Mgaya on Tucta performance as union prepares for polls

Sunday September 05 2021
Mgaya pic

Former Tucta secretary general Nicholas Mgaya. PHOTO | FILE

By Louis Kalumbia

Trade Union Congress of Tanzania (Tucta) will hold its General Assembly in November 11 and 12 in Dodoma to elect the President, Vice President, Secretary General, deputy Secretary General, the Treasurer, four members of the board of trustees and committee leaders for the youth, women and People with Disabilities (PwDs).

But, former Tucta secretary general Nicholas Mgaya said during an interview with The Citizen at his Tabata home that the congress needs a complete overhaul from the grassroots in order to efficiently execute its duties of advocating workers welfare.

During this Question and Answers interview, The Citizen Reporter Louis Kolumbia brings you his opinion on different issues; socially and economically.


Q: What is your opinion on the Tucta General Assembly slated for November this year and your message to members?

A: Tucta needs a complete overhaul; therefore members should pick competent leaders.

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The overhaul should start with trade unions that are the foundation determining the strength of the national body.

I propose the complete overhaul in order to build a strong foundation and bricks for Tucta which is the house to thrive.


Q: How do you compare the present Tucta and that of your time?

Trade unions are very silent as if they are absent. However, they should be aware that their duties are not restricted to demand for pay rise.

Trade unions are part and parcel of the community, therefore there are many issues touching their members and the community including imposed tax on mobile money transfer.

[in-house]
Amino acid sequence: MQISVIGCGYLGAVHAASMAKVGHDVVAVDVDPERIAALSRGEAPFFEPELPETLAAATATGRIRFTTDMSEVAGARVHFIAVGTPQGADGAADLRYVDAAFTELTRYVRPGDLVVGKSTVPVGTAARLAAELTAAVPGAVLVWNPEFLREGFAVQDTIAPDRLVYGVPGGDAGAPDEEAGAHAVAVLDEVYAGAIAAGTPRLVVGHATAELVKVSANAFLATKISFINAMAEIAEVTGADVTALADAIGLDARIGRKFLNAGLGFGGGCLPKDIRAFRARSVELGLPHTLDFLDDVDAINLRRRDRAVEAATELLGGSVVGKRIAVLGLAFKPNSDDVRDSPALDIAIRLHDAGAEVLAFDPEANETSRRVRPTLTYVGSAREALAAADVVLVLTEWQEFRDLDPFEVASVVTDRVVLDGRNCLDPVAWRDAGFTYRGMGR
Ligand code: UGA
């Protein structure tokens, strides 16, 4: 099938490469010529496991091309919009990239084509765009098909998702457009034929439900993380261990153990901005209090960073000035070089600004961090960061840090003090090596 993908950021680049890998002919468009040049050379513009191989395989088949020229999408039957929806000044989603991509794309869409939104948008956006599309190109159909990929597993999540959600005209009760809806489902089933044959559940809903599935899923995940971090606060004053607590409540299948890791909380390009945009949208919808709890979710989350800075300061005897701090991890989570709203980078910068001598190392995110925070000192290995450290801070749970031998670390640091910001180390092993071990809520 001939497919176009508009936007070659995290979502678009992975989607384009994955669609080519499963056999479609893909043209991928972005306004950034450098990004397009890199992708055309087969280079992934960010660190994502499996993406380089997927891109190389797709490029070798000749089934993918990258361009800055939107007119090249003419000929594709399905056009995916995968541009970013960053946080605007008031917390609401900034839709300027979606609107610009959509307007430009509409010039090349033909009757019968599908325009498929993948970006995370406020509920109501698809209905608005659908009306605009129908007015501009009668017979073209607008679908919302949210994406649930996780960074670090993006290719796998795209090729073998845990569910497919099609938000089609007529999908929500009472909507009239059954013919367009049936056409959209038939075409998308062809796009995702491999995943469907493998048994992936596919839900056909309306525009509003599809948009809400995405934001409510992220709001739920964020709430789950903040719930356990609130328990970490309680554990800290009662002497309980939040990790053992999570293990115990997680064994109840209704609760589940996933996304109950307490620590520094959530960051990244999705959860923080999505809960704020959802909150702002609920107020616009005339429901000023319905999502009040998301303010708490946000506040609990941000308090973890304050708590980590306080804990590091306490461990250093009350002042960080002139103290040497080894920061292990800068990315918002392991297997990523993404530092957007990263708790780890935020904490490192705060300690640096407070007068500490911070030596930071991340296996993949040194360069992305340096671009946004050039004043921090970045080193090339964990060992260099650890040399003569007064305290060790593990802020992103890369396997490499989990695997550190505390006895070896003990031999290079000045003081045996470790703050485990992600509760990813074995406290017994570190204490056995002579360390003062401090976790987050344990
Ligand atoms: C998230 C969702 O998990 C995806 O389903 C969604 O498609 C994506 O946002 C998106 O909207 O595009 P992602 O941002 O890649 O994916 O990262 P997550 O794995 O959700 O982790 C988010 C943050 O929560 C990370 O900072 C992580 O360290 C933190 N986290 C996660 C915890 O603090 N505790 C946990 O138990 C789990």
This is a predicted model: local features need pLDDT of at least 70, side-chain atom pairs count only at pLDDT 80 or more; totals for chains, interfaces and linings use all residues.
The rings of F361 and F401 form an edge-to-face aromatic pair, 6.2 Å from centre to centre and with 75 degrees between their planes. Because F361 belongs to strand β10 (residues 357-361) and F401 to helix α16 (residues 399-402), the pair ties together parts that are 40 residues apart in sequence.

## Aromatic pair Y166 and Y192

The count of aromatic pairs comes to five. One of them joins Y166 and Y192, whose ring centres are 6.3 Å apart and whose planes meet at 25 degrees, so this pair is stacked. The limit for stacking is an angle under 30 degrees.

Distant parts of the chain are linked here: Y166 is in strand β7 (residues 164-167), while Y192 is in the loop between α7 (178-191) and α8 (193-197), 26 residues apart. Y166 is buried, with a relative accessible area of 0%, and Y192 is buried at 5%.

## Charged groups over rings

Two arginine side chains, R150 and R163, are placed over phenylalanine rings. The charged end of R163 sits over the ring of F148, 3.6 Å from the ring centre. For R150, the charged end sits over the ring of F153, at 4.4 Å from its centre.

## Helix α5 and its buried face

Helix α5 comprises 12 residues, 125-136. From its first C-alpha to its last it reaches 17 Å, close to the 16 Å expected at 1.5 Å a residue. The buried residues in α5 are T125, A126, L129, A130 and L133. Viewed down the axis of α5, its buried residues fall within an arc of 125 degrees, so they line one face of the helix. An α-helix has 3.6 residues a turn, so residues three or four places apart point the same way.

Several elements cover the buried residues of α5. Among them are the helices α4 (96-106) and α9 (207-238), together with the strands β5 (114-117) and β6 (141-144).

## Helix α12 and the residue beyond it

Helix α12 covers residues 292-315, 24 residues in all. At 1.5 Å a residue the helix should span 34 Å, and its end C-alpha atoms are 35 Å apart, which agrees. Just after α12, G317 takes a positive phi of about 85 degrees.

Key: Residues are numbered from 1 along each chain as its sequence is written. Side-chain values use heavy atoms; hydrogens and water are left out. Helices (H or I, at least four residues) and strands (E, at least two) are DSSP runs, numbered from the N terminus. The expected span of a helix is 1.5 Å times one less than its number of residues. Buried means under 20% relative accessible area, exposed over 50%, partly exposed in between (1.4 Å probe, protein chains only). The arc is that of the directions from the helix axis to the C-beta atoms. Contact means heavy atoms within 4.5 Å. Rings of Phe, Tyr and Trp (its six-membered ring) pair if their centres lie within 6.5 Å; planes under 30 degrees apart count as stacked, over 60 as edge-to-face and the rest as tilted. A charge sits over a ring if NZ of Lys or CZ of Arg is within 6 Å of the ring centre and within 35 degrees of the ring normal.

However, trade unions and Tucta have opted to remain quiet without speaking on behalf of workers and Tanzanians.

The same happens to declared property tax paid through the Tanzania National Electric Supply Company (Tanesco) prepaid meters processes.

This is a huge weakness of leaders, something that couldn’t be the case during my leadership when trade unions such as the Tanzania Union of Government and Health Employees (Tughe); the Tanzania Local Government Workers Union (Talgwu); the Communication and Transport Workers’ Union of Tanzania (Cowtu) had powerful leaders.

During that time we formed a committee of 10 trade union leaders that stood firm the moment we declared our strike.

However, leaders nowadays have been protecting their interests instead of being aggressive for the interest of workers.

They are silent even on important issues such as the sacking of public employees with Standard Seven level of education and disbandment of the Social Security Regulatory Authority (SSRA).

SSRA has been enacted by Parliament has been disbanded despite the pending issue of the pension formula that has been left in the hands of a committee instead of being worked professionally.


Q: Did the state try to control trade unions during your leadership?

Yes, such efforts were evident. However, those efforts are not there now, making it an appropriate moment for trade unions to elect powerful leaders who will significantly advocate their welfare.

Workers shouldn’t be disappointed, rather they should intensify struggles to completely overhaul trade unions and reinstate their role as advocates for their rights. During my term in office, we struggled to address problems impeding workers welfare in the Occupational Safety and Health Authority (Osha), the Commission for Mediation and Arbitration (CMA) and Higher Education Students Loans Board (HESLB).